The Asian Development Bank (ADB) has approved $12.2m grant to improve the development and implementation of renewable energy projects in Tonga.

13Mar - ADB

Image: The project includes the installation of battery energy storage system. Photo: Courtesy of skeeze from Pixabay.

ADB said that the renewable energy project in Tonga is under the Pacific Renewable Energy Investment Facility and is aimed at enhancing the country’s energy security and reducing carbon emissions.

In 2017, ADB had approved the facility to finance the renewable energy projects in the 11 smallest Pacific island developing member countries with an overall estimated cost of $750m, with ADB providing nearly $200m.

Additionally, ADB is administering grants worth $29.9m from the Green Climate Fund (GCF) and $2.5m provided by the Government of Australia for the project.

ADB’s pacific department energy division director Olly Norojono said: “The project will reduce the country’s dependency on imported fossil fuel for power generation. Providing Tonga’s population with better access to clean, resilient, and affordable electricity at a lower cost, particularly those in the outer islands where energy access is low and limited, will help the country achieve a more inclusive and sustainable future.”

Assistance provided by ADB, GCF, and the Australian government would help Tonga shift its energy mix from being approximately 90% carbon intensive to a cleaner and more sustainable source through renewable energy resources.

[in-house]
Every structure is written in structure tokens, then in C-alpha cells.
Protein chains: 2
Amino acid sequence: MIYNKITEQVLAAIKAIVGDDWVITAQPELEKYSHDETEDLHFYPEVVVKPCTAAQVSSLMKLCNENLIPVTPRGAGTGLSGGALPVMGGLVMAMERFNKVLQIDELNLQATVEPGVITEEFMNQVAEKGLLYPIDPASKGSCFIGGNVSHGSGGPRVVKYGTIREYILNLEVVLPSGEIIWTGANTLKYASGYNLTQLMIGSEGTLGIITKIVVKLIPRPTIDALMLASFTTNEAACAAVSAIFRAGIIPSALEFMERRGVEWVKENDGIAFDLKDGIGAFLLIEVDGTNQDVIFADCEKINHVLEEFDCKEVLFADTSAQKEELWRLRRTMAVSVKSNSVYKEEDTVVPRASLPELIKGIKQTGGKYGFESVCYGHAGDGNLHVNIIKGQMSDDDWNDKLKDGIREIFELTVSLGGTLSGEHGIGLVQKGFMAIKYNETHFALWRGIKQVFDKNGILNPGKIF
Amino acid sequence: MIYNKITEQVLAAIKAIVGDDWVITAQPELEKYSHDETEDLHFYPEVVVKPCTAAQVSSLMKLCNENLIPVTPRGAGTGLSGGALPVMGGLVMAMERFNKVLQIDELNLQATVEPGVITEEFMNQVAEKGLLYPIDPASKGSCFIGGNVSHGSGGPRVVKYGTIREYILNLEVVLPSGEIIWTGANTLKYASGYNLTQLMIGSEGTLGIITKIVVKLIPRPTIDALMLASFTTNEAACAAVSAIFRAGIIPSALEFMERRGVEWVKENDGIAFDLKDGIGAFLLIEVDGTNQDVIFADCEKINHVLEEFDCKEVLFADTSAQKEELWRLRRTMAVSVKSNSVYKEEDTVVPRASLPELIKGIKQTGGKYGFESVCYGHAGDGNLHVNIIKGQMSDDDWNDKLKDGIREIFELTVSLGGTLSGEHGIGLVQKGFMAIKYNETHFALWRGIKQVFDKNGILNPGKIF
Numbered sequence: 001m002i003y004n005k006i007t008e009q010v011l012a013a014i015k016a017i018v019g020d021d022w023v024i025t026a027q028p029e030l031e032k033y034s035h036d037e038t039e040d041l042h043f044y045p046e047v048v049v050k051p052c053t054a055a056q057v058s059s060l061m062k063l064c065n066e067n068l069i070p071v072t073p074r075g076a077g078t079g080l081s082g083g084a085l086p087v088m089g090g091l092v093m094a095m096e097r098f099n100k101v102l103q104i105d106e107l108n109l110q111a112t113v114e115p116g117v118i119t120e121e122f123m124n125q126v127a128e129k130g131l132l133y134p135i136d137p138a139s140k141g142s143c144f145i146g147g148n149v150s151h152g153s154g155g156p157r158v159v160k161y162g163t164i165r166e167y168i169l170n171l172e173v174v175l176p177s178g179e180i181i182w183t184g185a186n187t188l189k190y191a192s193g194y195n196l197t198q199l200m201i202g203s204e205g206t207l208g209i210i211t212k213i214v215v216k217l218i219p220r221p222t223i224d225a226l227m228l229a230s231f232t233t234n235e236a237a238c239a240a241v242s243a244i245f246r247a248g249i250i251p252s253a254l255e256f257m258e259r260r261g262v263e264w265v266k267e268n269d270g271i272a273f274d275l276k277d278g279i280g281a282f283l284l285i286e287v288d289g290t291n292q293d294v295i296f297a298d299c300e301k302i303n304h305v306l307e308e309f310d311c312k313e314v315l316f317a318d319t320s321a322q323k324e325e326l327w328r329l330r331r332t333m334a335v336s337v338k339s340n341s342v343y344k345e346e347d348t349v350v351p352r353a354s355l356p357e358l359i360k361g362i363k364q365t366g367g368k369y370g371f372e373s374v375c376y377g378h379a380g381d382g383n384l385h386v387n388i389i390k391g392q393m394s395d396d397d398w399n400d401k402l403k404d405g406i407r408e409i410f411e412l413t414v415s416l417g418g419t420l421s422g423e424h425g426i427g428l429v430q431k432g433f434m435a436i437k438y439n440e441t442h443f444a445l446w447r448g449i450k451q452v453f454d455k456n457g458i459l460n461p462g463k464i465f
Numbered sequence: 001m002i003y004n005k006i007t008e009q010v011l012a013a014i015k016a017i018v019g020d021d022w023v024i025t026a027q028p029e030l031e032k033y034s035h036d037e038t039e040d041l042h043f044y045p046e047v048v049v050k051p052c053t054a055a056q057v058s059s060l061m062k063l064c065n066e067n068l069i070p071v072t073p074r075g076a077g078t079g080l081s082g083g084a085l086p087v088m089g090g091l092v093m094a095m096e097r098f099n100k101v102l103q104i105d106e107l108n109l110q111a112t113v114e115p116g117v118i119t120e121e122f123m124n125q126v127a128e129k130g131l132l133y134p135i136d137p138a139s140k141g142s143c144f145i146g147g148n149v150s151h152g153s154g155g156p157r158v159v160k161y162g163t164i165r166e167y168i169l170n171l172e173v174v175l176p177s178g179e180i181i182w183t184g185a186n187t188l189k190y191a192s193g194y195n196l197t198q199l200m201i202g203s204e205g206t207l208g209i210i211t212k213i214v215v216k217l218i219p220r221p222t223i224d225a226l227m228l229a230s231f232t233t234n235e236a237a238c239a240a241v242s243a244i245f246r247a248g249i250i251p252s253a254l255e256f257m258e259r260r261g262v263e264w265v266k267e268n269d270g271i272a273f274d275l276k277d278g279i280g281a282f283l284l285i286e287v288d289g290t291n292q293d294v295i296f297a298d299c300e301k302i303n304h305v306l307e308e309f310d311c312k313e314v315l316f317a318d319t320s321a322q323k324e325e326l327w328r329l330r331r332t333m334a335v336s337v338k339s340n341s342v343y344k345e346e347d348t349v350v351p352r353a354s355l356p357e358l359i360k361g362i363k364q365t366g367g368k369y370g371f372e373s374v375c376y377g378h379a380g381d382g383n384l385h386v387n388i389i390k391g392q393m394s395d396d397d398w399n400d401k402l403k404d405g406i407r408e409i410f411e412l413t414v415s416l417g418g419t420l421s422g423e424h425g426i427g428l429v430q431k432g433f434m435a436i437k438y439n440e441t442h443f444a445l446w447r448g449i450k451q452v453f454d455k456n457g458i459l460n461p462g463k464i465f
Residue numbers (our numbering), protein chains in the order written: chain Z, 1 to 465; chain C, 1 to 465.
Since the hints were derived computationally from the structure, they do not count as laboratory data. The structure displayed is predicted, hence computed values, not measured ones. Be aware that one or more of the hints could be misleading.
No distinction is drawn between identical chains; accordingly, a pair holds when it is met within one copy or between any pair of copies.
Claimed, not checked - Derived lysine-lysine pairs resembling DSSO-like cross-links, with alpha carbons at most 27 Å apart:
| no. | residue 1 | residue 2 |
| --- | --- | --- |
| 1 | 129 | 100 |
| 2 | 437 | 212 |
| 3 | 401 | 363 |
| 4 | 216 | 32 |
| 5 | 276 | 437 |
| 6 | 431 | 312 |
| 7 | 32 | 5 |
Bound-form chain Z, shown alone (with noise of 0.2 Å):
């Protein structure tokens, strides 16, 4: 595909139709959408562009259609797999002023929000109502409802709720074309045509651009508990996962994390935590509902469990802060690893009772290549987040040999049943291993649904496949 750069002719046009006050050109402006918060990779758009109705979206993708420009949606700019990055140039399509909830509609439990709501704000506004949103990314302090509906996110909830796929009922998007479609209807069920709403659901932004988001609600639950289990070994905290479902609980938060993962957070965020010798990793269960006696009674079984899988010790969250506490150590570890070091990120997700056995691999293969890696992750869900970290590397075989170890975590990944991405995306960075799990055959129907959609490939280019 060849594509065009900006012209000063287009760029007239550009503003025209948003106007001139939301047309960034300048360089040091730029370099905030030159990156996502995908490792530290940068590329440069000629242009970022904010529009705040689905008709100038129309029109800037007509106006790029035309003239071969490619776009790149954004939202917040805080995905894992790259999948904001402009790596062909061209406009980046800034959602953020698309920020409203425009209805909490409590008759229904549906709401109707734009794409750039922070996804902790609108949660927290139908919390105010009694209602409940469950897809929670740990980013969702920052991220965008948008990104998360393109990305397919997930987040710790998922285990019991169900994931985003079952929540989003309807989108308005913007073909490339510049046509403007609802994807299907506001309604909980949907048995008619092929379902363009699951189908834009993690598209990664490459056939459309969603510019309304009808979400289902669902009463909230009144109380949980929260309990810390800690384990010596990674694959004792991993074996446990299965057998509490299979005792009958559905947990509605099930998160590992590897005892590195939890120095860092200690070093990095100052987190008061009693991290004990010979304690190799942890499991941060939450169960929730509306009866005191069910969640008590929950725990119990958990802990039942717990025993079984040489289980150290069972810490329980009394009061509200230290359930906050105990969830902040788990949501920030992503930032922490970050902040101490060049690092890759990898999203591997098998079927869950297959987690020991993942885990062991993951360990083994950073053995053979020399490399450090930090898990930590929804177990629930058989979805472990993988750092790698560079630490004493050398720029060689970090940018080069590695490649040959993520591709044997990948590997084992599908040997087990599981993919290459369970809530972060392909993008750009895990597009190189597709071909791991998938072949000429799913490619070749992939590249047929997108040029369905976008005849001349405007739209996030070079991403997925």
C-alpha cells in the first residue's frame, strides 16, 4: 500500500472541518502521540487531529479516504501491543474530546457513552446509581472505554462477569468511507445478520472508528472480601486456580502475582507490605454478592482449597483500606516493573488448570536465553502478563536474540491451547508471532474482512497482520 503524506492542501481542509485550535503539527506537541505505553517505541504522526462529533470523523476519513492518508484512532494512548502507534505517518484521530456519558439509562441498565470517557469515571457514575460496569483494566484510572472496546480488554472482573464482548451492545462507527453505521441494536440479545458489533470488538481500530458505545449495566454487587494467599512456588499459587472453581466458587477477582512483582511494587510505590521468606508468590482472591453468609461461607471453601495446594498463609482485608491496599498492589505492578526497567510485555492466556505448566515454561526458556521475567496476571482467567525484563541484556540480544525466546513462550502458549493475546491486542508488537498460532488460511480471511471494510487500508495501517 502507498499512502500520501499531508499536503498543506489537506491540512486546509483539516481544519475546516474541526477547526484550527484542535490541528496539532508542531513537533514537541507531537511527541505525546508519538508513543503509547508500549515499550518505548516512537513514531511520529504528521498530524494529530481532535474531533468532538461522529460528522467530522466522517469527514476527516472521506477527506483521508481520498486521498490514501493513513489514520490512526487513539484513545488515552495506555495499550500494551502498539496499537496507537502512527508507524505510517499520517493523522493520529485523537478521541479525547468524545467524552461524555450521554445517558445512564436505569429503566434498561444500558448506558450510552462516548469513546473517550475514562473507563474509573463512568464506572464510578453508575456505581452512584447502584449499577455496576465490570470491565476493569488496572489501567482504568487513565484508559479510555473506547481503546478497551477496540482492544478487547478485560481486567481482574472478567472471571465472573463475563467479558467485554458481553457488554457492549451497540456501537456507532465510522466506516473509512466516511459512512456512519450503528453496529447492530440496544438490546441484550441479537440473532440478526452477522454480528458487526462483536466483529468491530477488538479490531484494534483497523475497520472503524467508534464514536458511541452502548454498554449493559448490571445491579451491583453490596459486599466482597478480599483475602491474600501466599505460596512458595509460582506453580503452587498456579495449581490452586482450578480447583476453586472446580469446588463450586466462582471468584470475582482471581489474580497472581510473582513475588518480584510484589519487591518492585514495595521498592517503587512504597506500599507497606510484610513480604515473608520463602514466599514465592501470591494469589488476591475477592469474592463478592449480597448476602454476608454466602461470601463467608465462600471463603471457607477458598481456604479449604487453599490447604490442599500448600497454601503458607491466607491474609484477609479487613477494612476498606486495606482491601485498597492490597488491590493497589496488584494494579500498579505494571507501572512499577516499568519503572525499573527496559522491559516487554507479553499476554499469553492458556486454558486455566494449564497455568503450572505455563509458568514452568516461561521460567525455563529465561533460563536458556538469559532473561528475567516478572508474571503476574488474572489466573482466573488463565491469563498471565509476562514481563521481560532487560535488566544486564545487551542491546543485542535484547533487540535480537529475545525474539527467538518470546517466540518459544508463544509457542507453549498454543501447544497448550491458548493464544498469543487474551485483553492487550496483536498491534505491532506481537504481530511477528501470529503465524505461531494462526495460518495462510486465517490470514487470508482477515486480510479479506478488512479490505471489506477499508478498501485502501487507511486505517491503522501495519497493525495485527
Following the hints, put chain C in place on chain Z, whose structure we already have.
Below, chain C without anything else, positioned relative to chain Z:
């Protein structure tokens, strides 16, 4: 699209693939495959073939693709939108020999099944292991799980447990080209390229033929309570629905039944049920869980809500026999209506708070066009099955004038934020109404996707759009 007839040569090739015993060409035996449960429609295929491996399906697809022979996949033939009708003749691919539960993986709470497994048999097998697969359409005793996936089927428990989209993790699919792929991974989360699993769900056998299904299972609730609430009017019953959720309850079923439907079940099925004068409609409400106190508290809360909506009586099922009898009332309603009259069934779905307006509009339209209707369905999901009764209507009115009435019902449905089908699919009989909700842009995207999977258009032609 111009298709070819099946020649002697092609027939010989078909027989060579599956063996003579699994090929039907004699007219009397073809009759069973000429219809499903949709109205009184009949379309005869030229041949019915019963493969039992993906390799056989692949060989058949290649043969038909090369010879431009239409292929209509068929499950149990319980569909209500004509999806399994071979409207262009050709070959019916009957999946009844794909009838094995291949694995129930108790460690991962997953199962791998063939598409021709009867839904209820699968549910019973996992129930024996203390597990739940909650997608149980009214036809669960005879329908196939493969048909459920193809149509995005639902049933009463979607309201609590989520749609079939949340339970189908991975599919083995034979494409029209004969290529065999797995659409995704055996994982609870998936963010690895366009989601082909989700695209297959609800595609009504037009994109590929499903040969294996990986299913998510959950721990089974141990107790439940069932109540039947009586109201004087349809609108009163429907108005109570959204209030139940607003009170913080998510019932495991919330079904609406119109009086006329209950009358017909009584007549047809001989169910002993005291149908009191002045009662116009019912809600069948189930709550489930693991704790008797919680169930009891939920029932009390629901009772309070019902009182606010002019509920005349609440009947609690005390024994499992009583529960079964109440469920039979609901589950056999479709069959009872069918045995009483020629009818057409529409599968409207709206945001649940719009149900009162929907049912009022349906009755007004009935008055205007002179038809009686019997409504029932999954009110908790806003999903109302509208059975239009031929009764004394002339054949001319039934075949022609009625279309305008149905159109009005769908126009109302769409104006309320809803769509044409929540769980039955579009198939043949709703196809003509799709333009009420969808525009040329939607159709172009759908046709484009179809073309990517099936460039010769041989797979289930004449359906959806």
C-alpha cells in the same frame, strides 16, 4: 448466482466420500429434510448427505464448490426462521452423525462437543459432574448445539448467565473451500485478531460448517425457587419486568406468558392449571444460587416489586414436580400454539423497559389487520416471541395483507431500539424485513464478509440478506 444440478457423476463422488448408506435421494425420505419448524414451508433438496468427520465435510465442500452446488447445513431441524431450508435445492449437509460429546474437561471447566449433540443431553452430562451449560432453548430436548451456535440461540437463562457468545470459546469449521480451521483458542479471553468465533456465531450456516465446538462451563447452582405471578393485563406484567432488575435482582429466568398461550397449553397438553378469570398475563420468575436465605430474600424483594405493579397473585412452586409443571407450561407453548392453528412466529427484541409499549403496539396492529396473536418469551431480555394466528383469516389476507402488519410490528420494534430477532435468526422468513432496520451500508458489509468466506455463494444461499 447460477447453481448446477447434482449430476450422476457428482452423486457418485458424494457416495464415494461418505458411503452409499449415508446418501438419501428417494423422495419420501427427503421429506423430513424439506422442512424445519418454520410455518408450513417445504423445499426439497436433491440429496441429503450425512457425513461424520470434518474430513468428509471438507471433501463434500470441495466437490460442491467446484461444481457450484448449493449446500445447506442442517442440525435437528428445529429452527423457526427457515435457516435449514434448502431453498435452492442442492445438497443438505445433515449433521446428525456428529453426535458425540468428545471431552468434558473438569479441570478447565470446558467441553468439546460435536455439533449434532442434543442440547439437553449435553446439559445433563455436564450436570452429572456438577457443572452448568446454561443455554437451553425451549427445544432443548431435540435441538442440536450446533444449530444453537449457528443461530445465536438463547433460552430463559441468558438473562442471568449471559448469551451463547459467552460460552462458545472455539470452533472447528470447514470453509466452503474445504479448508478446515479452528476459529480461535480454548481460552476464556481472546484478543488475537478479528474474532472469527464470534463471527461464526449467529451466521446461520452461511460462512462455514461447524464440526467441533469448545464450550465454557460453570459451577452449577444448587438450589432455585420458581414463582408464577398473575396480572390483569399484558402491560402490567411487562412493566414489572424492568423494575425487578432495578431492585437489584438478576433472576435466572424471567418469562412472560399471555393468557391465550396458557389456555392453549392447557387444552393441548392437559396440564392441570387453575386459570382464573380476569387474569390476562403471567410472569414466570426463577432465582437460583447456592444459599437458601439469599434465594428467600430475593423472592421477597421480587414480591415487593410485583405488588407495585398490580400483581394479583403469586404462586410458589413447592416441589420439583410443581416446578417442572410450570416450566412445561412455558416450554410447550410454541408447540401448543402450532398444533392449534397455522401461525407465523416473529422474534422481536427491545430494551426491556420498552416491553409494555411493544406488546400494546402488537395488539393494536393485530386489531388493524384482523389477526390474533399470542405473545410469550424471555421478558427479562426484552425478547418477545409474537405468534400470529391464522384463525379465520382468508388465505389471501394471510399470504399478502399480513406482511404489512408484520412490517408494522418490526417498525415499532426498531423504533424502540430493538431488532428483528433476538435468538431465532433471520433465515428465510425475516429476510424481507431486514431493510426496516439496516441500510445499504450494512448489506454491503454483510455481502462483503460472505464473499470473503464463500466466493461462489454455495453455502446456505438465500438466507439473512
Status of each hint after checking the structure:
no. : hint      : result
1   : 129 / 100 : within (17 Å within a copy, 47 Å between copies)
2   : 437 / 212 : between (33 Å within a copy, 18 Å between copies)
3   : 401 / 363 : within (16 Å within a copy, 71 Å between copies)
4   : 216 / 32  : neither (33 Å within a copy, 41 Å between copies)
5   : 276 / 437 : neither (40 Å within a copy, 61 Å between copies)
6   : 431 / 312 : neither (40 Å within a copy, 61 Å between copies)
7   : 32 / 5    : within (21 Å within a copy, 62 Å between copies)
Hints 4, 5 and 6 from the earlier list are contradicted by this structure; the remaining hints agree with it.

The renewable energy project in Tonga will also offer technical solutions like battery energy storage systems, along with capacity building efforts to promote more private sector investments in renewable energy, to help the country in meeting its 50% renewable energy target by 2020 and 70% by 2030.

Main features of project include the installation of battery energy storage system in Tongatapu; development of grid-connected energy generation on the outer islands of ‘Eua and Vava’u; installing renewable-based hybrid systems and mini-grids on the outer islands of O’ua, Tungua, Kotu, Mo’unga’one, and Niuafo’ou; and building capacity of executing entities and communities, including women, to operate and maintain assets.

The regional development bank stated: “ADB is helping the Pacific region prepare for a renewable energy future with a three-tiered approach that promotes energy efficiency and renewable energy; maximizes access to energy for all; and promotes energy sector reform, capacity building, and effective governance.”